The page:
Even with the added seat boxes, the cockpit is not too heavy for me to handle single-handed. It is awkward because of its size and shape though: 8 feet long by 6 feet, 3 inches wide. I tipped it off the saw horses where I'd been working on it and moved it with a dolly to the backyard. There I was able to pull it over the grass to position it between the hulls and fit the forward edge to the mast beam:
I got it up to the lip on the mast beam by lifting it from the front with a rope and reaching over the beam with a ladder to pull it into place:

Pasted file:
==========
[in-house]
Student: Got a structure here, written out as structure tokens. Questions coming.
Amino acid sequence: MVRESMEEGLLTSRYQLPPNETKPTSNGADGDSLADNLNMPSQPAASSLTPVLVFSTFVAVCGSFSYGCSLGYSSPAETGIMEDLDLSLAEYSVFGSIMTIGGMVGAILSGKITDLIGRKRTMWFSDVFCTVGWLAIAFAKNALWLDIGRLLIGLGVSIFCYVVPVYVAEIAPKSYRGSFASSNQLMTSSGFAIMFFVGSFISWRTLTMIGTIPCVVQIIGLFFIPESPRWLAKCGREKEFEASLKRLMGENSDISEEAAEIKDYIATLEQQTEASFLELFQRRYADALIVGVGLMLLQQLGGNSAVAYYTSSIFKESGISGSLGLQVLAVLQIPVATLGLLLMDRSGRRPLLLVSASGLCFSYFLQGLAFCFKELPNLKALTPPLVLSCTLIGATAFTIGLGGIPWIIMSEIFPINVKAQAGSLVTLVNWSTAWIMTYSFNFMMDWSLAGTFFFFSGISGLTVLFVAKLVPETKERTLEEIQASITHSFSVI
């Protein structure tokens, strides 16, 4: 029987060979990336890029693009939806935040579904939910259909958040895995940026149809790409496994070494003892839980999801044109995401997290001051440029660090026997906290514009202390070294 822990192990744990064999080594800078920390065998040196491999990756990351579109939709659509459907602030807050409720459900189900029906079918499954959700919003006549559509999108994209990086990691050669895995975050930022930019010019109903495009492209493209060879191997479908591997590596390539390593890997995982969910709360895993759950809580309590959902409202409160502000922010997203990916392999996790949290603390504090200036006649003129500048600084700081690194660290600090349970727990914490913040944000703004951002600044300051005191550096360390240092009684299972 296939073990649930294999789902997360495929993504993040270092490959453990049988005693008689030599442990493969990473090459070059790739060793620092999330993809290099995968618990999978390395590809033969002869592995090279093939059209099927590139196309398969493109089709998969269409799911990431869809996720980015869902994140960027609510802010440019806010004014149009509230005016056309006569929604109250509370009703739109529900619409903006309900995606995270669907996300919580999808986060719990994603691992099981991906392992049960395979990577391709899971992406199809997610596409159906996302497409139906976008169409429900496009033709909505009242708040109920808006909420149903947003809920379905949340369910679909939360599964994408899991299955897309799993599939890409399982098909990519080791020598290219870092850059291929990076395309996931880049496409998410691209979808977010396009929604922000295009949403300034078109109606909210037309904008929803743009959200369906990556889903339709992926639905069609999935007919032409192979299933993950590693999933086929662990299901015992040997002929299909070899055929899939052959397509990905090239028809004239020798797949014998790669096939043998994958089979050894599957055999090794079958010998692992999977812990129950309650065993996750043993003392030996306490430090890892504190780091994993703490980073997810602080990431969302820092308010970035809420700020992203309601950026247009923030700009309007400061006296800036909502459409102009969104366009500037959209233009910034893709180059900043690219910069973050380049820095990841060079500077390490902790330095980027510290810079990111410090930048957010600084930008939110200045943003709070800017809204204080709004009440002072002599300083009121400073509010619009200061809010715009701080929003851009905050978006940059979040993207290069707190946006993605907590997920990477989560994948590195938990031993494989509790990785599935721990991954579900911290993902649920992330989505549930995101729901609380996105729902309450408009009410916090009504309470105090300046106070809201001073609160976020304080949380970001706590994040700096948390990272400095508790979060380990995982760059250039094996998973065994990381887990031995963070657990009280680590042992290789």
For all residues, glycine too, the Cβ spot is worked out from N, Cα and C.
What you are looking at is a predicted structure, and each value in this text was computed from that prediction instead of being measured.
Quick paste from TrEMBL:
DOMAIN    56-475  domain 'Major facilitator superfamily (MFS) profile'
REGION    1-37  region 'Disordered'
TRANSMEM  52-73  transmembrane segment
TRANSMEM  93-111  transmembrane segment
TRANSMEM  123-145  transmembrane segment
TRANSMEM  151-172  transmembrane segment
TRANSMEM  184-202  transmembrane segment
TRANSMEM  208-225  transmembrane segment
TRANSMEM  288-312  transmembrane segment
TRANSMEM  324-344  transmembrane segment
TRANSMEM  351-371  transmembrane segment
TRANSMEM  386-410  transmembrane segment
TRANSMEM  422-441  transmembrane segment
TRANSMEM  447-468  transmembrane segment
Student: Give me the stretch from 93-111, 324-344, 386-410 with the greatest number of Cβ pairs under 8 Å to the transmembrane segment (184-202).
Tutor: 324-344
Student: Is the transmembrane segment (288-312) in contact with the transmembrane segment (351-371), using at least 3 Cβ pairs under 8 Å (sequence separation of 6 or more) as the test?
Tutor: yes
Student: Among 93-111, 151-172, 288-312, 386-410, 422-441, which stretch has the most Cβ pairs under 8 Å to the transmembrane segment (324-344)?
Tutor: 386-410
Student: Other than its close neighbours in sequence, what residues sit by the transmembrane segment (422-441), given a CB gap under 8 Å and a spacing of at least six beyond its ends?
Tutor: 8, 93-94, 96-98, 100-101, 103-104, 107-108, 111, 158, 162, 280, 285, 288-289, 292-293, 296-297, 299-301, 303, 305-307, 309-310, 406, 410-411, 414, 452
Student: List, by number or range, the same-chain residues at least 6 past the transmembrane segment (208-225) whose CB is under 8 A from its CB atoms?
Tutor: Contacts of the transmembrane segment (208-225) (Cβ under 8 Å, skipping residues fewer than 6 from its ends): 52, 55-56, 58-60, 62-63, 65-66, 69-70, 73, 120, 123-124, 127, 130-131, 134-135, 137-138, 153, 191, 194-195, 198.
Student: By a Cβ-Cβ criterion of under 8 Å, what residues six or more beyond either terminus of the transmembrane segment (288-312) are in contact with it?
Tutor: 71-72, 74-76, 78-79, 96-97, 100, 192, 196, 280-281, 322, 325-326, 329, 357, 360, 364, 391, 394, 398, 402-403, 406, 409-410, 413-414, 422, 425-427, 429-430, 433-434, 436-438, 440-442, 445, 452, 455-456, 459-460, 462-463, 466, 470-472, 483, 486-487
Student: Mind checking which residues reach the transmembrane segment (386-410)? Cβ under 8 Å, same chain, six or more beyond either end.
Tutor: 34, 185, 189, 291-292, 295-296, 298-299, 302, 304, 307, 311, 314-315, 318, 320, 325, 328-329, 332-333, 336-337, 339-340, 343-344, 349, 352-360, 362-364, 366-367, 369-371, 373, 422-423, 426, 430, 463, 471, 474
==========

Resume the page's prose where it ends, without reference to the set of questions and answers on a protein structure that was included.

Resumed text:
Then I lifted the stern end up high enough to put a small saw horse under it:
With it in this position, I could then set the rear beam in place, tilt the beam back while reaching over it with one hand to grab the top of the motor opening, and lift it up high enough to lock the beam back in place. I really like the way the cockpit is captured by the beam flanges. It's a simple and secure design. In this photo you can see the two 1.5-inch scupper holes I drilled in the aft end of the cockpit for drainage.